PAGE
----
It was a blustery day, early in the COVID-19 pandemic, and a tiny Christian congregation in Lodi found itself locked out of its church on Palm Sunday.
Seventeen months later, the church’s struggles to hold services during the pandemic have generated a $500,000 payout.
San Joaquin County officials have agreed to pay $100,000 to the church, the Cross Culture Christian Center, according to the church’s law firm, the National Center for Law & Policy.
State officials have agreed to pay $400,000 in attorney’s fees to the law firm, the firm said.
The settlement represents another victory for church groups in their lengthy fight, begun in the early days of the pandemic, to hold in-person church services. While some simply defied Gov. Gavin Newsom’s stay-at-home directives — including a Rocklin mega-church called Destiny Church — others took the governor to court.
Although Newsom won some early victories, the U.S. Supreme Court overturned his ban on church attendance February, in a case involving a church near San Diego.
The court ruled that Newsom was violating religious freedoms — and said the churches were being treated unfairly at a time when stores and restaurants were allowed to reopen. The court did allow for restrictions on the number of people in attendance, and it upheld Newsom’s ban on singing in church on the grounds that it could spread the coronavirus.
Dean Broyles, the head of the National Center for Law & Policy, said the Lodi church shouldn’t have had to fight for the right to hold services.
“While we are pleased with this ultimate result, this epic legal battle was avoidable and unnecessary,” he said in a prepared statement. “Very early in the pandemic, I politely asked Governor Newsom to do his constitutional duty as our public servant by, at a minimum, treating churches as ‘essential,’ as other state governors have done. Unfortunately, he ignored my written request.”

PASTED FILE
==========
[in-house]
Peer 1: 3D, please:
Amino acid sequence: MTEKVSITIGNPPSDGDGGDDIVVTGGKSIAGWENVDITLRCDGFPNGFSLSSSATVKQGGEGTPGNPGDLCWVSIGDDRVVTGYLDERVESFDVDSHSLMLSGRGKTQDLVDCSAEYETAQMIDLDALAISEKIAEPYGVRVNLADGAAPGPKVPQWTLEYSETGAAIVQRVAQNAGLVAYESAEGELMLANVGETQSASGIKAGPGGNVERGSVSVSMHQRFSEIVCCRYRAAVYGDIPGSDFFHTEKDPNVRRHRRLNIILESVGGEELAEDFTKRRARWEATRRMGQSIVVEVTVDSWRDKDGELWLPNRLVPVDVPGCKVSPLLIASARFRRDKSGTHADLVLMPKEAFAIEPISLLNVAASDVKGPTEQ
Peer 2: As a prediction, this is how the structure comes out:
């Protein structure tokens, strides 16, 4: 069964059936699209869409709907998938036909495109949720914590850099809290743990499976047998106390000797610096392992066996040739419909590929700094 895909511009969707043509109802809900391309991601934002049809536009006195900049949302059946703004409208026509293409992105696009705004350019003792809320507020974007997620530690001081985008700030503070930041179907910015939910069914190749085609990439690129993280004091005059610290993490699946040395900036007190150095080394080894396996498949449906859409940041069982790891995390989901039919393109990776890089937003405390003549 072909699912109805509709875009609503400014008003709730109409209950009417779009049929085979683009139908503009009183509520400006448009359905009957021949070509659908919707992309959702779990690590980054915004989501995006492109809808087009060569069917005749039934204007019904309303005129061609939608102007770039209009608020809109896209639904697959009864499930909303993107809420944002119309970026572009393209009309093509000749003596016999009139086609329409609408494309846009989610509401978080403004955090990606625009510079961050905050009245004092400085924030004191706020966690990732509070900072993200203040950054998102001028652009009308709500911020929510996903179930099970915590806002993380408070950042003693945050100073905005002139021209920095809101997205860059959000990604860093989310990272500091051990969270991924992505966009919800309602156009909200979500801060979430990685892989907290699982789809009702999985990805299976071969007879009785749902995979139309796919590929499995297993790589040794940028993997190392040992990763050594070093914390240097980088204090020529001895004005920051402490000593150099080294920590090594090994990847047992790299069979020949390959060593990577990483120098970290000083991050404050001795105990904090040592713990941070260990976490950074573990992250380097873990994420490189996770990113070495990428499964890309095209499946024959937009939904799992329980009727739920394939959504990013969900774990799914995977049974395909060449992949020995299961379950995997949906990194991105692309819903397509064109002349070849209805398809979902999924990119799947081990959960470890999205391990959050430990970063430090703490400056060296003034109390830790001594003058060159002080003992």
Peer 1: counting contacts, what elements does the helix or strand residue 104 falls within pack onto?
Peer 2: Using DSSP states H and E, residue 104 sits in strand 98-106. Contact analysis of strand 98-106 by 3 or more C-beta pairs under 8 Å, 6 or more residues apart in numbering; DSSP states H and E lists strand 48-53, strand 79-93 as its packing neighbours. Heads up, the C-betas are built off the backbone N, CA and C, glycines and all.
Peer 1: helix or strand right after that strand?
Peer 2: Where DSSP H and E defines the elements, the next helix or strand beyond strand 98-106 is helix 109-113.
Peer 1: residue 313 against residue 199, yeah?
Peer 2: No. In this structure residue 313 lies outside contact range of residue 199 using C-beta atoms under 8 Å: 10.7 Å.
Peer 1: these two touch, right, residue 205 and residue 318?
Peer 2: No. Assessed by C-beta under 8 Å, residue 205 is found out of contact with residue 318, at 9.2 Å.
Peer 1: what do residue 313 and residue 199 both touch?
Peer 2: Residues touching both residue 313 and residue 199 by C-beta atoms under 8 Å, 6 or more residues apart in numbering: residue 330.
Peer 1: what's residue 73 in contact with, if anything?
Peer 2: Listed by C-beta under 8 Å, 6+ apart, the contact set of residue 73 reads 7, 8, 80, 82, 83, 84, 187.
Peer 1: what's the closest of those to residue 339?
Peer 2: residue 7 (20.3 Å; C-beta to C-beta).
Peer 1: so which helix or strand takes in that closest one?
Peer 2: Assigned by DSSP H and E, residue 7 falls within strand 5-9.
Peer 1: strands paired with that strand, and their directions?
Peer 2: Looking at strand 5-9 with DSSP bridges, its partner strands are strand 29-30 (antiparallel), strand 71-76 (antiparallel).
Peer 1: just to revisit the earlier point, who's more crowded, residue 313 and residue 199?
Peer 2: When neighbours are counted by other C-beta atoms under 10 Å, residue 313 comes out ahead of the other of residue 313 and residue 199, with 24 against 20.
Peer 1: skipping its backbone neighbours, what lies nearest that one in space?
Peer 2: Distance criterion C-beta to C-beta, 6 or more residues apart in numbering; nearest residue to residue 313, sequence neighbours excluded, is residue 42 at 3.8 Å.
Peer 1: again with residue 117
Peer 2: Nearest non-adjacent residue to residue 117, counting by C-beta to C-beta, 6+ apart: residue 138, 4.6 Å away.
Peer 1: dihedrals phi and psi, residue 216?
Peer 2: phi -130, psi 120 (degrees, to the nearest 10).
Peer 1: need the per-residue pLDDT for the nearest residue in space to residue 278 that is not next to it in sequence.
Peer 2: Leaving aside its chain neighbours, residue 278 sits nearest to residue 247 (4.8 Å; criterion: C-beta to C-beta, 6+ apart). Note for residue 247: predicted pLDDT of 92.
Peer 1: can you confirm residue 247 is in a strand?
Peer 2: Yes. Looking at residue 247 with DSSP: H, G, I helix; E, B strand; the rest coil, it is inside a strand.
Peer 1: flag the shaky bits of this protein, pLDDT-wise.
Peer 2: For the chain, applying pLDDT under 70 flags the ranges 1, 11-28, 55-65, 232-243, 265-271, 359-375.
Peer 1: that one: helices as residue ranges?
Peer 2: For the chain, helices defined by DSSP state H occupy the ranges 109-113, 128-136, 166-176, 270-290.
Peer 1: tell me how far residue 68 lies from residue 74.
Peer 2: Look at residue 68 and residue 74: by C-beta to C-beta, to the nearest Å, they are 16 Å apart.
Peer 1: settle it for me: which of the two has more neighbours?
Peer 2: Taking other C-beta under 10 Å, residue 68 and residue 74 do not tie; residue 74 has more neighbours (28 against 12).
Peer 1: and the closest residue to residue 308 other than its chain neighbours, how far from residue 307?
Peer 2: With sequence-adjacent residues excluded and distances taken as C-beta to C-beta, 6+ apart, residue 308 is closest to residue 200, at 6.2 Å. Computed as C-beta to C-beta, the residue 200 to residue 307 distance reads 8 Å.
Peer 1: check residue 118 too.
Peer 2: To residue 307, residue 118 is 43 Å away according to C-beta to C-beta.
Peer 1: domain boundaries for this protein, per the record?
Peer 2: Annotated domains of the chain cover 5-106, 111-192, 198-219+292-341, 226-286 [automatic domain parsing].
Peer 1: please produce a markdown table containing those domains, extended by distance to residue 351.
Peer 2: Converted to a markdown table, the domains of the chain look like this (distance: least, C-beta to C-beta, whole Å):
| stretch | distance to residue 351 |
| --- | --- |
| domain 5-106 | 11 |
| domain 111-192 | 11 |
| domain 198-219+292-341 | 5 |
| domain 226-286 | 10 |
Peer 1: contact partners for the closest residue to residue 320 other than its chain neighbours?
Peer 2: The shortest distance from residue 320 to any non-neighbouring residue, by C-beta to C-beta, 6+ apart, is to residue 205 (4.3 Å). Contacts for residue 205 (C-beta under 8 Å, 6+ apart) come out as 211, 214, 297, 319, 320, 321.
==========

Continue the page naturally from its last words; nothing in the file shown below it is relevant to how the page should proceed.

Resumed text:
Cross Culture Christian Center had been holding in-person services in defiance of the original stay-at-home orders. But then its landlord — a church that had suspended its own services — locked down the Lodi building on orders from the San Joaquin County public health officer.
An hour before Palm Sunday services were to begin, four Lodi police officers, wearing masks and surgical gloves, met with Pastor Jon Duncan outside the church and agreed to a compromise.
Duncan was allowed to hand out copies of his sermon and pray briefly with congregants as they arrived in their cars. The congregants then drove off — some of them with tears in their eyes.
The church then sued the state and the county. A Fresno church, Cornerstone Church, later joined in the suit but isn’t collecting any damages.
“It’s never acceptable to give up your constitutional rights,” Duncan said in a statement released by Broyles’ firm. “We feel vindicated. Justice is sweet.”
Kristen Hegge, San Joaquin’s chief deputy county counsel, confirmed the $100,000 settlement, which she said will be presented to the Board of Supervisors for approval in two weeks.
Spokesmen for California Attorney General Rob Bonta couldn’t be reached for comment.
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